By now you’ve probably guessed that I’m a big fan of Dr. Daley’s Last Trick! However, I’ve always thought that the trick is too short. Of course this can be a good thing, especially when time is limited, but I find that the abrupt ending often makes the trick feel incomplete. Additionally, the transposition of the red and black Aces is so strong that most people will want to see more magic. So, how can we lengthen the effect without tarnishing its purity?
There are two solutions to this problem:
- Develop a short card act that includes Dr. Daley’s Last Trick. For example, begin by performing a bare-handed four Ace production, such as Cliff Green’s “Phoenix Aces” or Lee Asher’s “Thunderbird” production. Follow this with Dai Vernon’s “Twisting the Aces”, and finish your act with a performance of Dr. Daley’s Last Trick.
- Modify the trick so that it has multiple phases. “Weighted Aces” by Gregory Wilson and John Carney’s “Sanverted” are both good examples of this approach.
I’ve developed several short card acts around the Doctor’s trick, similar to the one I’ve outlined above. More often than not, I use Dr. Daley’s Last Trick as my closer because the transposition never fails to get a great reaction. However, it also works well as an opener because it clearly establishes that you’re only using four cards (this often makes any subsequent magic you perform much more impressive in the eyes of your audience). The magic also happens fast and the trick leaves a lasting impression; all good attributes for an opening effect.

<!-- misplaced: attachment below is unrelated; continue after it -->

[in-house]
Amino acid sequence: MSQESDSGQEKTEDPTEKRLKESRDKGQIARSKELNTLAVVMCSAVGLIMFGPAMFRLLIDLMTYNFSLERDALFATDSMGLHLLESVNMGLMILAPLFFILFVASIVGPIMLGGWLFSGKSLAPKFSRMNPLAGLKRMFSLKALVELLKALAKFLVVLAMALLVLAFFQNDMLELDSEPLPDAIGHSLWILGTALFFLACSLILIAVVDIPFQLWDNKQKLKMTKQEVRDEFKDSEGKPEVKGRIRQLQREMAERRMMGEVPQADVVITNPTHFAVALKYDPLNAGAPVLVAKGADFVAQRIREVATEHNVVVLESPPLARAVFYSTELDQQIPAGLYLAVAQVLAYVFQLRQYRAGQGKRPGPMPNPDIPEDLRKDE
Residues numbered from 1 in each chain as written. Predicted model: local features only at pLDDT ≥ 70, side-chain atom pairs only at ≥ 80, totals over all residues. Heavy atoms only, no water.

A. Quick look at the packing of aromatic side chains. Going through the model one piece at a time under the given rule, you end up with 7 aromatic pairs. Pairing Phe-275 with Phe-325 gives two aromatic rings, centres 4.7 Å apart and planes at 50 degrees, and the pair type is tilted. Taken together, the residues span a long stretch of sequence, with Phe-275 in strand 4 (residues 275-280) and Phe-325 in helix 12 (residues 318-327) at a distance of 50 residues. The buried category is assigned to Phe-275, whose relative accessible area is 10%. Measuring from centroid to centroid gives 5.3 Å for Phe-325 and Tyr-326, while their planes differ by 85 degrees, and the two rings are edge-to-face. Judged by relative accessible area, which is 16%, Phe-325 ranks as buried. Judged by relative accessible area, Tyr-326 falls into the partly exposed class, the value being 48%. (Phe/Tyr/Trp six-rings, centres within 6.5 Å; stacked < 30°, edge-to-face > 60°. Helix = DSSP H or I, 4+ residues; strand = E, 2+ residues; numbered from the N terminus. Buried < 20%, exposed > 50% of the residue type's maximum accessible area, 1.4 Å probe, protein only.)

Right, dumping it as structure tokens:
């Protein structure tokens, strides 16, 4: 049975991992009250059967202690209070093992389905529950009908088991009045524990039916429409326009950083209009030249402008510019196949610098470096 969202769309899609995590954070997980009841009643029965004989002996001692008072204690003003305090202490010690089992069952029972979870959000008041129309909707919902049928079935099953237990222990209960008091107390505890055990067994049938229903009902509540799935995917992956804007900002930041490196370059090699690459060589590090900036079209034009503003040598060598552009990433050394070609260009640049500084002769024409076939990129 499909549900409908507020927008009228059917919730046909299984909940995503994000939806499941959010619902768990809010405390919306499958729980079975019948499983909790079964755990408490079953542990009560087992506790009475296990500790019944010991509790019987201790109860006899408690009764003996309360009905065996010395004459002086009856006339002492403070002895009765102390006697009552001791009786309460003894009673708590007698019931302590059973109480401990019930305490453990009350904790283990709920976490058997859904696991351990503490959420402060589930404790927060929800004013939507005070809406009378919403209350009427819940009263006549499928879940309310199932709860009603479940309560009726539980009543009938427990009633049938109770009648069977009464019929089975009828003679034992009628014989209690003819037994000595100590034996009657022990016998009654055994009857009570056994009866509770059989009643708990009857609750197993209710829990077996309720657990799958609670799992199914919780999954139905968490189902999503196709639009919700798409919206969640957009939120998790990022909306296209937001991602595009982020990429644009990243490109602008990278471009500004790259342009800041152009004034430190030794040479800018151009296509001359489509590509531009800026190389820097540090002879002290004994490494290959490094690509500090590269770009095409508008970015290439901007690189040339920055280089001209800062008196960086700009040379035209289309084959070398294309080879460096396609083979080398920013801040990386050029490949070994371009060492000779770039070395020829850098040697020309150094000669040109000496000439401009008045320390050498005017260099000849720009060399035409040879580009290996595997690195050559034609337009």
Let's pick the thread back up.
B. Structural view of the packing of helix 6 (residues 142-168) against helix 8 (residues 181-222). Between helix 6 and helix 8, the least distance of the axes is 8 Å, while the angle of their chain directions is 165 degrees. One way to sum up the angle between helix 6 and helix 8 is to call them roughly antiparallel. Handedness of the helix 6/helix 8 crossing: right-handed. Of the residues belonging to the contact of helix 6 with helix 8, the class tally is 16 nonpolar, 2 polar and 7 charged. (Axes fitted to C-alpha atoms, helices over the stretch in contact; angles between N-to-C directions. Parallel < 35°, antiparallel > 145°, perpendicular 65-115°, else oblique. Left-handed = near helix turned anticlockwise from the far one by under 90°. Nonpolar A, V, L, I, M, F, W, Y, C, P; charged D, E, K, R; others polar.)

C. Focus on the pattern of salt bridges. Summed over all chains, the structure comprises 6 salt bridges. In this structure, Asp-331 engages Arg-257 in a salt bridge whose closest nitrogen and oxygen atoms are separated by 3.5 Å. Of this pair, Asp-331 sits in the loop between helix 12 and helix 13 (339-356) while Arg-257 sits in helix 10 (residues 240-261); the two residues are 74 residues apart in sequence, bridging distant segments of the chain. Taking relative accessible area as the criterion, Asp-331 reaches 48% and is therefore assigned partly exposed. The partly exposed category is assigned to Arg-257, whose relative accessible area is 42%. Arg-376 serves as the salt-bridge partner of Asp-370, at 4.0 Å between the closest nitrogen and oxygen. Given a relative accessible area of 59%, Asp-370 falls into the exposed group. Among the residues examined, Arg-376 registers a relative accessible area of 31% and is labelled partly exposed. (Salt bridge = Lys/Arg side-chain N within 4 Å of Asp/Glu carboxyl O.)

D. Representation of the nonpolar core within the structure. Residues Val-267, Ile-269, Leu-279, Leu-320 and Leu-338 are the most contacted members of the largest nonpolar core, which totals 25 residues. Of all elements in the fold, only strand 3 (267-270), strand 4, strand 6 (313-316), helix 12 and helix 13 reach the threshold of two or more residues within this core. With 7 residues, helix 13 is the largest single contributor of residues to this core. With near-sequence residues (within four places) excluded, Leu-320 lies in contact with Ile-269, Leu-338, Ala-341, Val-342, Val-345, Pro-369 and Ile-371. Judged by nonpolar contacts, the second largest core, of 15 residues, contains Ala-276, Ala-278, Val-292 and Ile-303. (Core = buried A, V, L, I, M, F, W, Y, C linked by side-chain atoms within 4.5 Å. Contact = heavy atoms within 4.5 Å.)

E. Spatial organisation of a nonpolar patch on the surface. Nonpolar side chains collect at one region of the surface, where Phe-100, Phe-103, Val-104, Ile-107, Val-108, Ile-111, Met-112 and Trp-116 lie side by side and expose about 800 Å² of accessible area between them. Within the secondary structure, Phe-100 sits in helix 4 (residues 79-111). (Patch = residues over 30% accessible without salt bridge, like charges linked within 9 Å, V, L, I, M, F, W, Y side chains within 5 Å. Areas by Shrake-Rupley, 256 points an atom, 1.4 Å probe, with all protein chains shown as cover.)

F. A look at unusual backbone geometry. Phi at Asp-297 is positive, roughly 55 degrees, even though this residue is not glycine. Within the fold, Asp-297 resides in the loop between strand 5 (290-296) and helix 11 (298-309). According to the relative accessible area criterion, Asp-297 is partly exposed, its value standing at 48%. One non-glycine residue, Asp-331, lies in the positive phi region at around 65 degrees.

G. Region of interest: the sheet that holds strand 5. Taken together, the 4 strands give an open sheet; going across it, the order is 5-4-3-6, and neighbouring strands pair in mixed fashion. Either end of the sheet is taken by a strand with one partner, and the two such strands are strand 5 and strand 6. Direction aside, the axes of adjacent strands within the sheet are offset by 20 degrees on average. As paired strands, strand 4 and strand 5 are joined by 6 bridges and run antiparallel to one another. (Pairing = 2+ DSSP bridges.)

I’ve also developed several multi-phase approaches to the plot which I plan to publish at some point in the future. I have notes for more than twenty versions of the trick, so I’m not sure when this project will see the light of day! In the meantime, I’ve added one of these effects to the free trick area of this site. It is called “Big Bullet Monte” and has been designed to address all of the weaknesses I’ve mentioned so far in this series of posts. I hope you enjoy performing the trick as much as I do:
Please Note: To access the page you’ll need to enter a password. The password is the answer to the following question: Which book can Daley’s routine “The Cavorting Aces” be found in? Enter the password as one word (all lower-case).